Sensor-Web Instruments Are Linked
NASA Airborne Science operates a fleet of aircraft in conjunction with orbiting satellites for Earth observations. In 2004, NASA started planning missions to employ constellations of instruments flying on those platforms that would mutually interact and communicate as a network with stations on the ground. These sensor webs would simultaneously collect data from multiple perspectives to better describe hurricanes, polar ice conditions, and other geophysical dynamics. Data from various spectra and locations could be correlated in real time to form detailed composites of events in progress.
The new EIP supports all the legacy data protocols of existing instruments, but the primary data interface for new payloads is an aircraft’s payload Ethernet network. Each EIP incorporates an Ethernet switch with four 1000BASE-T and eight 10/100BBASE-T ports available to instruments.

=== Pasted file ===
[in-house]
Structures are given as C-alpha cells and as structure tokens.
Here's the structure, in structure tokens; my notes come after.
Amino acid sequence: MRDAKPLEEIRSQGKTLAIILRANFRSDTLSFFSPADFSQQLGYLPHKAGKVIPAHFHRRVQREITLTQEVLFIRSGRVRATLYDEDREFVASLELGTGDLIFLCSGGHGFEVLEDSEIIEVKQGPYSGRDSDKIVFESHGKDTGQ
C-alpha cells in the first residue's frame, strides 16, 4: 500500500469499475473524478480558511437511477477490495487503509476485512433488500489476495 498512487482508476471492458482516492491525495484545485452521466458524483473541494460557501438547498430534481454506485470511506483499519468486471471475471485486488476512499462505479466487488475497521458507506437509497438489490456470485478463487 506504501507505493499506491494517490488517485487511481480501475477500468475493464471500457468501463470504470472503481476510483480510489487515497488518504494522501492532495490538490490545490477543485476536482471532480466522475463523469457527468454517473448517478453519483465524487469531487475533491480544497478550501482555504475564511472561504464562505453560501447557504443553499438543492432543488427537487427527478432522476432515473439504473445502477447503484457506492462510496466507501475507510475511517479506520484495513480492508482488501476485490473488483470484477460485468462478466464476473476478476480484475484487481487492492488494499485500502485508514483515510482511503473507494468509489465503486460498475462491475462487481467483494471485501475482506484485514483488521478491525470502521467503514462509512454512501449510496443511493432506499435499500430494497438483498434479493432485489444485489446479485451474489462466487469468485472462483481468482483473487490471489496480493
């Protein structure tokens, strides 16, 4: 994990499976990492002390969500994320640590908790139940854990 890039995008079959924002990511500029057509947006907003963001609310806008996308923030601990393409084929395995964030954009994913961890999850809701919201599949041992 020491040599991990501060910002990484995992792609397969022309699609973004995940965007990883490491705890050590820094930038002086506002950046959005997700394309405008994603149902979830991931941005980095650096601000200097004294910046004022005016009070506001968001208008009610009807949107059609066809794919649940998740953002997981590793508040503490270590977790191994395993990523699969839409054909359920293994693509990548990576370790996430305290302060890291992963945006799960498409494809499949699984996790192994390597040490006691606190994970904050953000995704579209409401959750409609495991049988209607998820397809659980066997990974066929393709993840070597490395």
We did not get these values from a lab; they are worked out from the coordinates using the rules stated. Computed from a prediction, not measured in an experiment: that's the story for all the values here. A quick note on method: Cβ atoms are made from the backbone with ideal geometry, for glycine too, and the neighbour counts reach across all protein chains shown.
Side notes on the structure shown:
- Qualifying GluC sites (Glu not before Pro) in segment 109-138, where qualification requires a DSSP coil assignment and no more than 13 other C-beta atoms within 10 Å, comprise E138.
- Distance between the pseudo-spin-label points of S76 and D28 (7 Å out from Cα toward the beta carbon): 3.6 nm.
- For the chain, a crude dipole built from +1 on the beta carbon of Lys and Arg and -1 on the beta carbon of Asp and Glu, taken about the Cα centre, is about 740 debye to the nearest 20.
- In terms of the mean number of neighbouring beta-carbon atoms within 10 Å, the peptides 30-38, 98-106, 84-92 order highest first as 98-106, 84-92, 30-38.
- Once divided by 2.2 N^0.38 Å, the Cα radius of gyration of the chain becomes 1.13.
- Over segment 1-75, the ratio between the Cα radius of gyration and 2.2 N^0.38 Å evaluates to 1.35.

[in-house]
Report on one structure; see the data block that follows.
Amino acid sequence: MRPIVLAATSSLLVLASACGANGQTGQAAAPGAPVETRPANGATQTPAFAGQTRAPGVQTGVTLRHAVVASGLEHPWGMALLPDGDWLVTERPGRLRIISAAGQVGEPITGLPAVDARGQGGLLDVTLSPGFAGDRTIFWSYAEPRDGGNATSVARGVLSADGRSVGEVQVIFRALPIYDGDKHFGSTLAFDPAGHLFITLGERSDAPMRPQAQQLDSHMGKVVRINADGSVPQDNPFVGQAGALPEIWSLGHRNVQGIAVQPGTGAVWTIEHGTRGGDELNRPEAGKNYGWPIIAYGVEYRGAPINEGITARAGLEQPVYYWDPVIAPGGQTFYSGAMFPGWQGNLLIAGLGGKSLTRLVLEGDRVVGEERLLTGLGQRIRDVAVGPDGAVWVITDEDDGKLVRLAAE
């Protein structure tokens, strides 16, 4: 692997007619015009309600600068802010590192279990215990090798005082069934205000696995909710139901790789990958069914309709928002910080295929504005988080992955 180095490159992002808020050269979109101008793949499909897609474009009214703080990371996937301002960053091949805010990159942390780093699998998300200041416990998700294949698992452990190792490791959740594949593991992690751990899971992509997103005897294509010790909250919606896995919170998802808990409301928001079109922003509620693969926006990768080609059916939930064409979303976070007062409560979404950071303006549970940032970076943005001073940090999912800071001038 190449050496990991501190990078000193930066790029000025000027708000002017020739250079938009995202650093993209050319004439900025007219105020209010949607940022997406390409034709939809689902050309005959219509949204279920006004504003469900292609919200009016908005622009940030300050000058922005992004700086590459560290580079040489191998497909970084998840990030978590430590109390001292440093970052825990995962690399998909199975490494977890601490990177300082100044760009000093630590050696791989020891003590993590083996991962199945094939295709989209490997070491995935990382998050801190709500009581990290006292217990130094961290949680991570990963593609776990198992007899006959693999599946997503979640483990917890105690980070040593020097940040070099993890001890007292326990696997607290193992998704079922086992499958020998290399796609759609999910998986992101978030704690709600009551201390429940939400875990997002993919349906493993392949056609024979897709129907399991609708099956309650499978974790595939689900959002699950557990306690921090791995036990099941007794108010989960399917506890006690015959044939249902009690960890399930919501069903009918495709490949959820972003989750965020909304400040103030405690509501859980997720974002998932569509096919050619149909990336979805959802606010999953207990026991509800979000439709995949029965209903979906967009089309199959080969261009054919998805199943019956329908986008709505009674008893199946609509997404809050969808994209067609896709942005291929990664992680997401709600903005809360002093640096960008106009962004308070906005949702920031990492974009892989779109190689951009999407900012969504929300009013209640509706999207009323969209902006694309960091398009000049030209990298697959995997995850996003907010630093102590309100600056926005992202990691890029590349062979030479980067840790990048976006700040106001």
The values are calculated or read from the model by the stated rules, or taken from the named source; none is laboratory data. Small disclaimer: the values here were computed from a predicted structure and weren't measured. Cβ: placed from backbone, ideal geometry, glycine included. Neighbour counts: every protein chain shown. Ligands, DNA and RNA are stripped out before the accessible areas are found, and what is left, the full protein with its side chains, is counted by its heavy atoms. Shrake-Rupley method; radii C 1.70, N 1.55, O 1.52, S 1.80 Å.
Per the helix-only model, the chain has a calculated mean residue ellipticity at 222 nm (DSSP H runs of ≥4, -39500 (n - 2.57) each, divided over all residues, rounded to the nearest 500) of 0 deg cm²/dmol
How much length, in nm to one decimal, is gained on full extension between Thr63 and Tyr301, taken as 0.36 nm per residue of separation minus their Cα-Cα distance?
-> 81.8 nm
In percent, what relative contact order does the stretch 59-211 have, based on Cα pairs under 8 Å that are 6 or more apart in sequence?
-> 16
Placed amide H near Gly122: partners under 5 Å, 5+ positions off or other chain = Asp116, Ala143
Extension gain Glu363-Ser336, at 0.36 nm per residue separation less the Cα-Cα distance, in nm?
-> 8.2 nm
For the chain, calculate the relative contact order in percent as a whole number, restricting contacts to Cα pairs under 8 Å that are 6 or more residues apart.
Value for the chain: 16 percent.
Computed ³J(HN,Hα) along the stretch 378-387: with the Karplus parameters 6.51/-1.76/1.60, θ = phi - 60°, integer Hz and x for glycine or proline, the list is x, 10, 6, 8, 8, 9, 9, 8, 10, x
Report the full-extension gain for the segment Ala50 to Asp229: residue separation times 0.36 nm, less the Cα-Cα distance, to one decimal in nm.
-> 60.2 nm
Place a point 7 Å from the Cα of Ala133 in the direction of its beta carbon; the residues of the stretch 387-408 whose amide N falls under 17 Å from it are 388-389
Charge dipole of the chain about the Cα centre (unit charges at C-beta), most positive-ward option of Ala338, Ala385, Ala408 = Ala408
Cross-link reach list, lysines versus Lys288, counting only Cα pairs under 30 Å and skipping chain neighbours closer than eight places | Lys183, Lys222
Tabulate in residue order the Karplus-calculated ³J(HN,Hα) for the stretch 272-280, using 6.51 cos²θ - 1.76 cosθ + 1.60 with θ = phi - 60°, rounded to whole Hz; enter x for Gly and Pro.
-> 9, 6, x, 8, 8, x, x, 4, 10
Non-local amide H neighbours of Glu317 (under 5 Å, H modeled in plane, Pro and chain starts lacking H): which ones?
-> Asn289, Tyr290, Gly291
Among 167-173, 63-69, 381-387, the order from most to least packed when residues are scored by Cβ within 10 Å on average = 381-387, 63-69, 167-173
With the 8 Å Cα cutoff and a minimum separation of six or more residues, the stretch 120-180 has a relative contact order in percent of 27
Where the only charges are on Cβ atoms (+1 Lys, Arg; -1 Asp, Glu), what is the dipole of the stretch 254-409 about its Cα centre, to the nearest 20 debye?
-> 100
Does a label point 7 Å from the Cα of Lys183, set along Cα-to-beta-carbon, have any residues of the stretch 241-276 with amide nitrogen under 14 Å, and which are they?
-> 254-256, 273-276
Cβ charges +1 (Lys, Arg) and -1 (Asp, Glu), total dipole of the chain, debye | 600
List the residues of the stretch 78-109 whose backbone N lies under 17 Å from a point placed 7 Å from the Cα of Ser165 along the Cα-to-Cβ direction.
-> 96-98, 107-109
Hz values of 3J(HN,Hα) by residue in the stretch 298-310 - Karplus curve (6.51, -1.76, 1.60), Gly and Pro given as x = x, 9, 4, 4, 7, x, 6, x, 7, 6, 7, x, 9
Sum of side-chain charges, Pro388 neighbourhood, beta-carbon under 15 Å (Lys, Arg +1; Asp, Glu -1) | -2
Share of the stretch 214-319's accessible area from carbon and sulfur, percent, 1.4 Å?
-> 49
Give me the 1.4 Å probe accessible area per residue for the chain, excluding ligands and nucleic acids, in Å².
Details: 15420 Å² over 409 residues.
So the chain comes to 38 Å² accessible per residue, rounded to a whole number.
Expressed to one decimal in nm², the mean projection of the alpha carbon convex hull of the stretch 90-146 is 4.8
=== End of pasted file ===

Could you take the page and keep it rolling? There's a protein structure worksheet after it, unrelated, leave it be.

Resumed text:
NASA aircraft had for decades collected atmospheric and terrestrial information for a wide range of Earth science research conducted by universities, companies, and government agencies such as the National Oceanic and Atmospheric Administration (NOAA). Pilots switched on the instruments, the data were acquired, and the recordings were unloaded and analyzed after the aircraft landed. To standardize instrument connections to the ER-2 high-altitude aircraft, NASA created the Mark I Experimenter Interface Panel (EIP) in the 1990s, which provided power to the payloads and a link to a pilot-operated switch panel. That EIP was largely a harness pass-through with a small printed circuit board that carried low-level relays for the cockpit switch panel. It simplified the engineering required to deploy instruments to the ER-2, and was later installed on the WB-57 aircraft.
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